What would you say to audience members who may be feeling uneasy about returning to live theatre?
I understand. My life became pretty isolated during the pandemic. My first time in a theatre since its onset was on my first day of tech rehearsal for for colored girls… There are strict testing and masking protocols in place for Broadway employees and audiences. The ushers are doing a great job enforcing them in order to help keep us all safe. Though nothing is fool proof, I’d say with these protocols in place, it’s the safest you can be, outside of becoming an island.

Rick Burkhardt, Andrew R. Butler, and Stacey Sargeant in <i data-rte2-sanitize="italic">Rags Parkland Sings The Songs Of The Future</i>
Rick Burkhardt, Andrew R. Butler, and Stacey Sargeant in Rags Parkland Sings The Songs Of The Future Ben Arons Photography

During this time of reflection and re-education regarding BIPOC artists and artistry, particularly in the theatre, what do you want people (those in power, fellow artists, audiences) to be aware of? What do you want them to consider further?
This is a tricky question because by separating “fellow artists” from “those in power,” I believe it perpetuates the belief that artists are without power. Artists have tremendous power, and it lies in our ability to say “no.” It lies in our ability to set boundaries for what we will and won’t accept. The gauge for me is whether I am able to rest easy at night with the decisions I’ve made in my career. I believe as long as you are able to do that, you are standing in your power. It’s the reason why I am only now making my Broadway debut. I have always had a clear vision and boundaries around myself as a performer. As artists and individuals, we teach people how to treat us by how we treat ourselves. If our individual and collective actions demonstrate that we know who we are and value ourselves as artists, we will command respect. We won’t leave ourselves open to being told “no!” by those who aren’t really trying to give us anything in the first place. Remember, when you make demands, you can always be denied.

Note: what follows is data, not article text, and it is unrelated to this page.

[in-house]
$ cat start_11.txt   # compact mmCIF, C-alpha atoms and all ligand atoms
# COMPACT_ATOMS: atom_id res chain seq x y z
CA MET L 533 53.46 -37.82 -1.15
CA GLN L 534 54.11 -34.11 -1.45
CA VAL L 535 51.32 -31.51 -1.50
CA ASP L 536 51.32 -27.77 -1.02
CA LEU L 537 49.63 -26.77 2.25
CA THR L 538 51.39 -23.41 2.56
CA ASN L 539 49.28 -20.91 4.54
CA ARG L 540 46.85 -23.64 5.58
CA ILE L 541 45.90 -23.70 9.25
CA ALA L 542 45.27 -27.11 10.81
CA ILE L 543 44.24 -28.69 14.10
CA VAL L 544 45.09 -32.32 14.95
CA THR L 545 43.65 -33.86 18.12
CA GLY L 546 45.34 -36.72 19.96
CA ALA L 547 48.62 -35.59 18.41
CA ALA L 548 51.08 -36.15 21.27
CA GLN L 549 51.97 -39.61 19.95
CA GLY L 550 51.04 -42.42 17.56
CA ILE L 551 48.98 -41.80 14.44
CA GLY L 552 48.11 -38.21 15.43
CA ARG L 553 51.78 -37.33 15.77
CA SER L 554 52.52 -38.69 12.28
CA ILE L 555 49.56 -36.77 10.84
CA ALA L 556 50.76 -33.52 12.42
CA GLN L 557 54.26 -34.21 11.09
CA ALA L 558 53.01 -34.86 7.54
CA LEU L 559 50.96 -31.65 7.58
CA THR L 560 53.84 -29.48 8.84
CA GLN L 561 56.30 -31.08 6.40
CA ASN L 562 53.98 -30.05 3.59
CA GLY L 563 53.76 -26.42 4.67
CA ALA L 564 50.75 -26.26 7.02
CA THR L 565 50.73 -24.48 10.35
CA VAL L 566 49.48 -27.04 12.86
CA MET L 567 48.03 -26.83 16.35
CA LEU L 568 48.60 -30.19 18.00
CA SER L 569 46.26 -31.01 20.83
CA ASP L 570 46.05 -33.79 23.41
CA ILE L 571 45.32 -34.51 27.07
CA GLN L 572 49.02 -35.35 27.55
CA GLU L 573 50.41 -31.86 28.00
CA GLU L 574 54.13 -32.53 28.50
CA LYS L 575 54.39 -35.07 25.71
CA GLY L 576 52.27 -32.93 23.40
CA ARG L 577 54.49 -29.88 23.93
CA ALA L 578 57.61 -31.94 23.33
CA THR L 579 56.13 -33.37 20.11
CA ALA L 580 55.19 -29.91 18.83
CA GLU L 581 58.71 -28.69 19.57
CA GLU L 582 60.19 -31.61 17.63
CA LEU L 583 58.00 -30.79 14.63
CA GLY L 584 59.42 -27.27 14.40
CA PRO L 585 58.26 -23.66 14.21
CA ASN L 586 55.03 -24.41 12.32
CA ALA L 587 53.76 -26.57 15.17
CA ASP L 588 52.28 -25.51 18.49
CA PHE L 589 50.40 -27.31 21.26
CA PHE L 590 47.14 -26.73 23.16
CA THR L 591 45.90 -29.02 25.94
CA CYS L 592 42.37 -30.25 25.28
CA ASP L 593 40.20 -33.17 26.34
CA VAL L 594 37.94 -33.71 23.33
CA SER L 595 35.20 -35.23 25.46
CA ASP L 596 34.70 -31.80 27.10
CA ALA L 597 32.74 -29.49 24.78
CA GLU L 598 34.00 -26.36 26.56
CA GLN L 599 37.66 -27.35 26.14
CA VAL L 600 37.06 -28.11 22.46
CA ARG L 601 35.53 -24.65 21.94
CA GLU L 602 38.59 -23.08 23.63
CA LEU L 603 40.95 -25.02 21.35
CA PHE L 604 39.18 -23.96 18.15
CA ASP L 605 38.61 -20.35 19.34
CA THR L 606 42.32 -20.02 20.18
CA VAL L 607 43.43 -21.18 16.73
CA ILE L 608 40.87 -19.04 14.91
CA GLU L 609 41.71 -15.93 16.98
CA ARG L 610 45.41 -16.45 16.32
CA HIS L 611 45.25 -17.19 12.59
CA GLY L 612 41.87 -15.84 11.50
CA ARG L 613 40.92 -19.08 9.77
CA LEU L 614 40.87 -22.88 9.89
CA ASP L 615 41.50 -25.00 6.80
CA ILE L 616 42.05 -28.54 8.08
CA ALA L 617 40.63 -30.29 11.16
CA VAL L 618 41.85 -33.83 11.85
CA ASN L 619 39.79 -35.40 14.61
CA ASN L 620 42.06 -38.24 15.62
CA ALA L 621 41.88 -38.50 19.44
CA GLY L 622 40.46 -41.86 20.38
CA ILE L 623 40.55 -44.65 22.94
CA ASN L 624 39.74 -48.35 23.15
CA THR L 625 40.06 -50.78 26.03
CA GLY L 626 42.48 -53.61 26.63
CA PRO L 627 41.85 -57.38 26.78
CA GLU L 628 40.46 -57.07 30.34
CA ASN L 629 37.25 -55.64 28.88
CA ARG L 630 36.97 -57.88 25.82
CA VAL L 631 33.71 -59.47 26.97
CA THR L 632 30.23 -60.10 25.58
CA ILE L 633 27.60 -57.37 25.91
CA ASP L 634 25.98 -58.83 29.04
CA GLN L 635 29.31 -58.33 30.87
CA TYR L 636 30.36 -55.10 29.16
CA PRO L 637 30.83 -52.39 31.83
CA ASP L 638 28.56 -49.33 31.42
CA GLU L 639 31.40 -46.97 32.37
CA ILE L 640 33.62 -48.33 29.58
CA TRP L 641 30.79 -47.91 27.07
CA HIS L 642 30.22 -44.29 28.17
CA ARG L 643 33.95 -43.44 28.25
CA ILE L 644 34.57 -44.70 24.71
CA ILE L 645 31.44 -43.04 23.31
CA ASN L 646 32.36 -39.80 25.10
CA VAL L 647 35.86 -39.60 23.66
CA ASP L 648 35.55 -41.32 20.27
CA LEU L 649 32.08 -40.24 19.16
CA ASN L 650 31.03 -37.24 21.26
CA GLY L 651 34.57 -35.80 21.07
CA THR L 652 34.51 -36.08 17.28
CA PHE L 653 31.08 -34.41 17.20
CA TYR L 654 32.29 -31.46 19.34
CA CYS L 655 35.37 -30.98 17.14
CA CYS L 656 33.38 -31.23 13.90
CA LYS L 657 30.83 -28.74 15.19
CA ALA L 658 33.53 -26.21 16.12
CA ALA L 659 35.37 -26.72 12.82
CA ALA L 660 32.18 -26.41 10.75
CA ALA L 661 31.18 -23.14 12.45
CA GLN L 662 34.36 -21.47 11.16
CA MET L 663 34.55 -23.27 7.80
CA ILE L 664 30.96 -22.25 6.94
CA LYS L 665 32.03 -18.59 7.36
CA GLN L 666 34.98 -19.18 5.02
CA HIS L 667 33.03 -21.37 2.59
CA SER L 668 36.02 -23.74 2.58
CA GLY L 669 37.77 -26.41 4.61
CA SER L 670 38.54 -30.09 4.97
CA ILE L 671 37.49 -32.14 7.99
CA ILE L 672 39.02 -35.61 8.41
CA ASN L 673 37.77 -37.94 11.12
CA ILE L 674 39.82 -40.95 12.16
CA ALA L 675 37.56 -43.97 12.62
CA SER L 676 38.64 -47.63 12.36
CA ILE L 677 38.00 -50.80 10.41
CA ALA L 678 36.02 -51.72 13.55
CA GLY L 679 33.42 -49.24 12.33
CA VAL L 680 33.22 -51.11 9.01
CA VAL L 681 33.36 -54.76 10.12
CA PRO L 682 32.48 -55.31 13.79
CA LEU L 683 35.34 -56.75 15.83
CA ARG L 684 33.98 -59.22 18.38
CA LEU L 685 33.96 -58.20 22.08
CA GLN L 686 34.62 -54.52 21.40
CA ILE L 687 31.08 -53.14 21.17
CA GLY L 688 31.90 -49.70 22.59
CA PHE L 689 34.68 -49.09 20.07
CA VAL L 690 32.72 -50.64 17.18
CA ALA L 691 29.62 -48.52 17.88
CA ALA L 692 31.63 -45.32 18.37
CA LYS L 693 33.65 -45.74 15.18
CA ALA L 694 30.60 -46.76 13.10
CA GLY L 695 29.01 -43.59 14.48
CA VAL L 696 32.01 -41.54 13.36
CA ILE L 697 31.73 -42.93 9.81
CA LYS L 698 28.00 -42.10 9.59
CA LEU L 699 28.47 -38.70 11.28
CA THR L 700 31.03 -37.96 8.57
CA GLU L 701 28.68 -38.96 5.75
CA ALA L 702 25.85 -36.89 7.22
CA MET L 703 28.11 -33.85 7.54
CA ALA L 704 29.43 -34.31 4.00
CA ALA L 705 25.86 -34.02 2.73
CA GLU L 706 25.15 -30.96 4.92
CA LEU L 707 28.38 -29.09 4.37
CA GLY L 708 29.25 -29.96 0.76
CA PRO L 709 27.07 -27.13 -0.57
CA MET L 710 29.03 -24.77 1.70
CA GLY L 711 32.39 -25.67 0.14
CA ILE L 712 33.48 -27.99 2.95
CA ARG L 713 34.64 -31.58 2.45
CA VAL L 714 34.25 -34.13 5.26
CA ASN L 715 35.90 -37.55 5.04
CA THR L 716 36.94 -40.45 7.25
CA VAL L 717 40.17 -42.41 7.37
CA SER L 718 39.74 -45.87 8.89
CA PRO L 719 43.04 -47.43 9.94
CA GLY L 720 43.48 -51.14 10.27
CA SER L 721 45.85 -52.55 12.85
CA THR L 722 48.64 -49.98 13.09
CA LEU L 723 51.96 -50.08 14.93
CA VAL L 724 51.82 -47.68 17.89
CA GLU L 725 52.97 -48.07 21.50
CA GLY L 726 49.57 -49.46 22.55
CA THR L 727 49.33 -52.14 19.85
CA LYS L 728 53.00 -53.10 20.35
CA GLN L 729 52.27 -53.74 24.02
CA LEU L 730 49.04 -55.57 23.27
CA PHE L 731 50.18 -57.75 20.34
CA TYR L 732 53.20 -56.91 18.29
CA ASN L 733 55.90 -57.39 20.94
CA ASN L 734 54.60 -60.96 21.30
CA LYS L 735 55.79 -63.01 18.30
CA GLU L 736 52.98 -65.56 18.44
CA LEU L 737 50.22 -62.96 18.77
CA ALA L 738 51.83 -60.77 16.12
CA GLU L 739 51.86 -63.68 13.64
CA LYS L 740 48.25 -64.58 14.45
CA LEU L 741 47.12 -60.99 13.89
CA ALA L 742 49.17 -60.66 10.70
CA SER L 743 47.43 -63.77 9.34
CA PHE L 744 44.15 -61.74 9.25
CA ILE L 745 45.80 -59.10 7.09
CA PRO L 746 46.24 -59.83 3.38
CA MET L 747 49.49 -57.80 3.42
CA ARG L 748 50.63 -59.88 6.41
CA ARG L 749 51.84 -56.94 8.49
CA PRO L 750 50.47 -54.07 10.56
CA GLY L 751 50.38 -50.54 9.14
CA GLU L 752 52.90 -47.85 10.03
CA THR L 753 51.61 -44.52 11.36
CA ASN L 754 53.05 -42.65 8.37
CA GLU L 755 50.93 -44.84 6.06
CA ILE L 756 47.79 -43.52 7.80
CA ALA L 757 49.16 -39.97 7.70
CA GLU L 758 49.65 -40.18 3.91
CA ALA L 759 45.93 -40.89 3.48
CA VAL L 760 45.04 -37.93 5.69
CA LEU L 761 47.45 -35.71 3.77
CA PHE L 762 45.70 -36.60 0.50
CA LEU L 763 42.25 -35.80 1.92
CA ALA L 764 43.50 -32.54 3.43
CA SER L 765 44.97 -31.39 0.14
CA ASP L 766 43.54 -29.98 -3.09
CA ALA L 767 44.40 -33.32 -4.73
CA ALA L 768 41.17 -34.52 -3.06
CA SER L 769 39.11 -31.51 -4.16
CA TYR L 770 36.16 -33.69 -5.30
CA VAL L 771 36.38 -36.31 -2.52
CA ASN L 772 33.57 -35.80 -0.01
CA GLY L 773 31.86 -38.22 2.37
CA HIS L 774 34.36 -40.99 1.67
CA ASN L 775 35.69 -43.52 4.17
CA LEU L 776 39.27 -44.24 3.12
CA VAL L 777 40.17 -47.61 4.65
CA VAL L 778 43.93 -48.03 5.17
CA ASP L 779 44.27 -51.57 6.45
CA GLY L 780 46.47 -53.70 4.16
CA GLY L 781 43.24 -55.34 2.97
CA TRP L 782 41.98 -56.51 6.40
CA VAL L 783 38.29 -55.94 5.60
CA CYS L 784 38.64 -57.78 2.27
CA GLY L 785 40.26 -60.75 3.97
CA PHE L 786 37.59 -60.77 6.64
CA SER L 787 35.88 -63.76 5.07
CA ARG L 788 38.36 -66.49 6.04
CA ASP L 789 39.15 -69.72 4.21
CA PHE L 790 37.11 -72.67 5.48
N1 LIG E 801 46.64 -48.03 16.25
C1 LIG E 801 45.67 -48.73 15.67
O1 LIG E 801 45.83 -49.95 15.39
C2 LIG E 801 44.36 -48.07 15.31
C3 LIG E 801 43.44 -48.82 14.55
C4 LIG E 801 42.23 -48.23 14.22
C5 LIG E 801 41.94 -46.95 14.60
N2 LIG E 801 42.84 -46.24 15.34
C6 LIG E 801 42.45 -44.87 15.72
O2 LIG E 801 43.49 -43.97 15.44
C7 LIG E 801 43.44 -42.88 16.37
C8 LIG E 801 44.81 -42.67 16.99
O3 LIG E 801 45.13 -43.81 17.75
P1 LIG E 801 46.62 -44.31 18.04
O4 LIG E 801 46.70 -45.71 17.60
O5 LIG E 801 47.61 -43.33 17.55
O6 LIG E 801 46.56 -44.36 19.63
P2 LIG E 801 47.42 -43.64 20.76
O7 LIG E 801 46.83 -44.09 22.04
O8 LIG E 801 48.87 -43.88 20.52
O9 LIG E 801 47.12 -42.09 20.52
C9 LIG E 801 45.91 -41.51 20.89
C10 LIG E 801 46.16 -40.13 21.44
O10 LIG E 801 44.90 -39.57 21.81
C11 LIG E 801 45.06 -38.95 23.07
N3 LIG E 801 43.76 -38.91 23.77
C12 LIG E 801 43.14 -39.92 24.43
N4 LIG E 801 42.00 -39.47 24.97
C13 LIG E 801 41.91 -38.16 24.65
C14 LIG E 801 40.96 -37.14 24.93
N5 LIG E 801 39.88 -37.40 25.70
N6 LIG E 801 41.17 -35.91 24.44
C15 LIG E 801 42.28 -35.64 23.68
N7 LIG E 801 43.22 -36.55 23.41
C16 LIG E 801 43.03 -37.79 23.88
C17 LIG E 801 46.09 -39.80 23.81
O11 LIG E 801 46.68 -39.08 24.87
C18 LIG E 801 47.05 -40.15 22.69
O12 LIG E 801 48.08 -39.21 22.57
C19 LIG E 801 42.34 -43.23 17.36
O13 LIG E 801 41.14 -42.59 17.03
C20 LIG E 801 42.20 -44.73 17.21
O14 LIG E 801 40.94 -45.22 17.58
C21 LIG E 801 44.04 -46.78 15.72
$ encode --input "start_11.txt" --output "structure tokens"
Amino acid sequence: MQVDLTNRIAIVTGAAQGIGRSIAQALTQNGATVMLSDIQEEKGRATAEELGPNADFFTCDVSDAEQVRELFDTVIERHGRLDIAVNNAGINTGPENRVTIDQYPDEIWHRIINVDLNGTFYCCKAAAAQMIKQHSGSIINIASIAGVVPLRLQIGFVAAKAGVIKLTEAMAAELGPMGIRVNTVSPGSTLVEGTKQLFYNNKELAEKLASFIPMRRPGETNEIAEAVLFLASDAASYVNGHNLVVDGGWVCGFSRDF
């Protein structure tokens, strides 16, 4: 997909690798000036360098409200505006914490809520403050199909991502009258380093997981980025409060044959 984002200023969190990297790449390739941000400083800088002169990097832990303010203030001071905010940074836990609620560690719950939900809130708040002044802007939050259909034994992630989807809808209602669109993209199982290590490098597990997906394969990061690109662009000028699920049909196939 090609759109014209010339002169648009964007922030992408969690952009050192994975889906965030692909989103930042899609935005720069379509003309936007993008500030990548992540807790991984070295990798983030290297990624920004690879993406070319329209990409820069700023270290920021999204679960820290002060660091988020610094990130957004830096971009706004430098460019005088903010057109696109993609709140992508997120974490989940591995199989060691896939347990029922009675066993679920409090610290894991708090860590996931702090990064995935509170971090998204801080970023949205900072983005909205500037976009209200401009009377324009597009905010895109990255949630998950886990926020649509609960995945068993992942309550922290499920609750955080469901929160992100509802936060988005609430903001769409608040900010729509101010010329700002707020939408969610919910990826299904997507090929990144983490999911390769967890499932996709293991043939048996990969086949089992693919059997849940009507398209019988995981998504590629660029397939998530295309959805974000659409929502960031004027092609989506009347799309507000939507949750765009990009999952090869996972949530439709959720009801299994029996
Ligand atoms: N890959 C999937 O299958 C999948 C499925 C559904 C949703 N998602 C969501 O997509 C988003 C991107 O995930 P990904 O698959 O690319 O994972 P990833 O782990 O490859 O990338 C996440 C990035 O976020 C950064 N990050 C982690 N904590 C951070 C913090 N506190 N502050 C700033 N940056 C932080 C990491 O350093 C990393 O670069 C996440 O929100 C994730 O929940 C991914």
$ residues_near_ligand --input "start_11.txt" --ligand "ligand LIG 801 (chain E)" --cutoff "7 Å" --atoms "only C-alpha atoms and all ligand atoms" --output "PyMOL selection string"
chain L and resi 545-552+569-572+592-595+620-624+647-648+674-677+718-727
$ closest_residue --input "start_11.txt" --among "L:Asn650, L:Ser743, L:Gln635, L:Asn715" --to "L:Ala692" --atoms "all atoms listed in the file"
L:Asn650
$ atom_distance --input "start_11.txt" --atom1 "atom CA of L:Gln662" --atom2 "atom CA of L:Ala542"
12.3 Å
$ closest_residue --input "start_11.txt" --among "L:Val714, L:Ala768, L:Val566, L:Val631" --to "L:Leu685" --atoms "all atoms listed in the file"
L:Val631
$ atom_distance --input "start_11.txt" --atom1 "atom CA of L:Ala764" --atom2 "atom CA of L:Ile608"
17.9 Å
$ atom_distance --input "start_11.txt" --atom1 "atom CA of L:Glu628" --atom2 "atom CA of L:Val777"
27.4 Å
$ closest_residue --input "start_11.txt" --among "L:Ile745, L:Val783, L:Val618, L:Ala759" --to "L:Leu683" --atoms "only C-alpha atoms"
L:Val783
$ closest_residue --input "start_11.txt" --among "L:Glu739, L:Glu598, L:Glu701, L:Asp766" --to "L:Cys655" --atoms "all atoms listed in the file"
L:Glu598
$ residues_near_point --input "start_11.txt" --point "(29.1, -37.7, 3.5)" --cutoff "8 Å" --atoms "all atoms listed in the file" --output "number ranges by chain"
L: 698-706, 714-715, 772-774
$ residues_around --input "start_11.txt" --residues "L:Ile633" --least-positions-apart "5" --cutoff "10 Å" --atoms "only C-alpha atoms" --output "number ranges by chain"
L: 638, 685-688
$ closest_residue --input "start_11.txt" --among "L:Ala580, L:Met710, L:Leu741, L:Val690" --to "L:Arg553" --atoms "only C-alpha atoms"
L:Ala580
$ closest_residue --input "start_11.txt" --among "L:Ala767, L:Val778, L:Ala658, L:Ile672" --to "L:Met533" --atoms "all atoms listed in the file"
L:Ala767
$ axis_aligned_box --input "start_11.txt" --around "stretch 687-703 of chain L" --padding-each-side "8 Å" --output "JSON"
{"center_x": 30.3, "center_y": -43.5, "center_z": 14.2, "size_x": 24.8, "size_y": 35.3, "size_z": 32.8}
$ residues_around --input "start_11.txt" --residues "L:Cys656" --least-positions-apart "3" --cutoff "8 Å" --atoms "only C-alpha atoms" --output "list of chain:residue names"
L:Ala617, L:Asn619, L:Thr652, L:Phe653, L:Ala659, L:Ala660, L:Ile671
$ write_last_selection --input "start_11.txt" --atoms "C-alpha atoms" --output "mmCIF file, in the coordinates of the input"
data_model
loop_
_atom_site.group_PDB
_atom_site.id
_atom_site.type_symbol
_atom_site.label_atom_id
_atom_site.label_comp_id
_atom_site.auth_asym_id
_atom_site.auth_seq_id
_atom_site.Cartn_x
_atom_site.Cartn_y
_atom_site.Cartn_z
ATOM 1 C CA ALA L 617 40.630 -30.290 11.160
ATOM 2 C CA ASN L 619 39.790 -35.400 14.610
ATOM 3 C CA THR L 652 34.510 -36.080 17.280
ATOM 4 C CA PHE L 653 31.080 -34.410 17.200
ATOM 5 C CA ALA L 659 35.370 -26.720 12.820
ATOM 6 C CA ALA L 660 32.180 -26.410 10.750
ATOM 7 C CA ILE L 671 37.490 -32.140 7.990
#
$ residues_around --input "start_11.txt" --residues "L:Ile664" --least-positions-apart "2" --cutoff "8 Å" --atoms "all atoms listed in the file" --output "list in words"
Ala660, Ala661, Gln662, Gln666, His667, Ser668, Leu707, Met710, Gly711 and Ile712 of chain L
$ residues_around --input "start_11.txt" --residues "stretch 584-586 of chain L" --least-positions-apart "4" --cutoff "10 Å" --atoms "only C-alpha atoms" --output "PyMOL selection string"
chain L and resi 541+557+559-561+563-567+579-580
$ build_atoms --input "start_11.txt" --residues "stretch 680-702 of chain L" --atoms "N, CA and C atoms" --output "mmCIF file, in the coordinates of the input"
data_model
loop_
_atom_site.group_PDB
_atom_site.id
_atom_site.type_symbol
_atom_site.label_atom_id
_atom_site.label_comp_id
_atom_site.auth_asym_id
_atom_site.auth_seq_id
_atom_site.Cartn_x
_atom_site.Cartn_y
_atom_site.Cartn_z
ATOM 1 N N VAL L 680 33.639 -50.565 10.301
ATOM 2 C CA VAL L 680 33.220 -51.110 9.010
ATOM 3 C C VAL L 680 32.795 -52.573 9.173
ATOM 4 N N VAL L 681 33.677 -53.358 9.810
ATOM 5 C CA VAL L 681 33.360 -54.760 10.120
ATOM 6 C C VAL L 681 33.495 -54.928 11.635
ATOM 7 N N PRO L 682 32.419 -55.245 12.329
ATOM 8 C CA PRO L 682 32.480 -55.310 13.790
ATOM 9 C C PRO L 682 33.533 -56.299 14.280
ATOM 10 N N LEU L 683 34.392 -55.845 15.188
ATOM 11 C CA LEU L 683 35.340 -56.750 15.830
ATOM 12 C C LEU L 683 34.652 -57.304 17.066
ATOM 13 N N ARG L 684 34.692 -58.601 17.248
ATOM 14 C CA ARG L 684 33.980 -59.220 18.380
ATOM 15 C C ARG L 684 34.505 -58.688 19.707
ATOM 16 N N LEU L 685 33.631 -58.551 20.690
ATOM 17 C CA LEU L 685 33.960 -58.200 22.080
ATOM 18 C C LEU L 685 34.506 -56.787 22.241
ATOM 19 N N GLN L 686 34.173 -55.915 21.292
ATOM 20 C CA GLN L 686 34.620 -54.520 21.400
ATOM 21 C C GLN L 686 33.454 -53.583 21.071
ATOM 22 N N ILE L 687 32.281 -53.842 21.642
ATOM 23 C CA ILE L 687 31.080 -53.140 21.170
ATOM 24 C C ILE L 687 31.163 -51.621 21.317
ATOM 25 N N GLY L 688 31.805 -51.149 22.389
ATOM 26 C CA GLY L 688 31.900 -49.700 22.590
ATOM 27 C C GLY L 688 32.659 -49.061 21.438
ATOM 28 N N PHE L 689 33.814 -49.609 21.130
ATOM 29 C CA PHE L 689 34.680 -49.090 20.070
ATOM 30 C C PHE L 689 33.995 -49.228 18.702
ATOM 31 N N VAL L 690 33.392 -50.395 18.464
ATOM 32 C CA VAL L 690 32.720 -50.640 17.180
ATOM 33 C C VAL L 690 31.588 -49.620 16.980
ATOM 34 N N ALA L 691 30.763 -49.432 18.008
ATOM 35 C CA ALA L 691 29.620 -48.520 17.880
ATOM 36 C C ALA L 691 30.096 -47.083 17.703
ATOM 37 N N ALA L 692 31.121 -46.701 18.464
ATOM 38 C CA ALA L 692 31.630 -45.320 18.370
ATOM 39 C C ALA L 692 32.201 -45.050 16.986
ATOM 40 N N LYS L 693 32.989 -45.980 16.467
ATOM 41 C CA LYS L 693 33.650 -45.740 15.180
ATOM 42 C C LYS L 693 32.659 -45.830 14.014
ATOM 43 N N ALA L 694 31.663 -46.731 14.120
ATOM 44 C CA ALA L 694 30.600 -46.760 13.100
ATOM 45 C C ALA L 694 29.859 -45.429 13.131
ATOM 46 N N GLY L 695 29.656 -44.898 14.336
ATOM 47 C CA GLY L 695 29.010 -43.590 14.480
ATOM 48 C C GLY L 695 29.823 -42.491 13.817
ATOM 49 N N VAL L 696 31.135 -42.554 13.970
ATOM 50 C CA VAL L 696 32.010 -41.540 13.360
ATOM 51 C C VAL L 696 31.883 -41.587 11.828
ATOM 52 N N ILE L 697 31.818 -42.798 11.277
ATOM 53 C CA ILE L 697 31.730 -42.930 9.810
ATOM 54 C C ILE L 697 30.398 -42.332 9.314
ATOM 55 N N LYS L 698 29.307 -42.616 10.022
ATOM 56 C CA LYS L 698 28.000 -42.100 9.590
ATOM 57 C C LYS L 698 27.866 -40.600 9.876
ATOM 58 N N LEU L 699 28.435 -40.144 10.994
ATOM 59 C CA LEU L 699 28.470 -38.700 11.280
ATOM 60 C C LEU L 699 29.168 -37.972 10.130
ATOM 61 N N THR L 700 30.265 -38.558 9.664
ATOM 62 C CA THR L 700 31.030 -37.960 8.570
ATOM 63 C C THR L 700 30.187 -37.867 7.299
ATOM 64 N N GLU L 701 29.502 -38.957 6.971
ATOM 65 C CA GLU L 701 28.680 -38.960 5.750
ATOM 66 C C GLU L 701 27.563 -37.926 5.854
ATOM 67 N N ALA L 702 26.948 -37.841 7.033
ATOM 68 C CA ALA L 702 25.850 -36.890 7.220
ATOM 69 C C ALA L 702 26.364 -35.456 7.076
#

What, if anything, did you learn about yourself during the past two years that you didn't already know?
I can be a loner at times, so at the beginning of the lockdown my friends were like, “This will be easy for you!” I welcomed the solitude. But I came to realize how crucial in-person socializing is to my physical, emotional, and spiritual well-being. Oh…and that I’m a pretty good writer!

Do you have any other stage or screen projects in the works?
This summer, The Public Theater will be producing a 29-hour reading of my autobiographical solo-show, Buh Wha’ Trouble Is Dis? (or The Exhumation of MC Spice). Tackling themes of racism, show business, and body image, and told in verse and prose, it explores how a first-generation daughter of Trinidadian immigrants growing up in 1980s East New York, Brooklyn, can embody her truest self, conquer her demons of self-doubt, and redefine beauty and success for herself despite the societal and entertainment industry norms.

What organization would you recommend people learn more about or donate to during this time of change?
I love Connective, Inc. and G!rl Be Heard. Connective aims to help underserved youth reach their full potential by equipping them with essential life skills. G!rl Be Heard focuses on building leaders, change makers, and activists through developing, amplifying, and celebrating the voices of girls and young women through socially conscious theatre-making, storytelling, and performance. Exposure to the programs these organizations offer is life changing during one’s formative years.

Checking In With… Company Star Matt Doyle

Go Inside Opening Night for the Broadway Revival of For Colored Girls...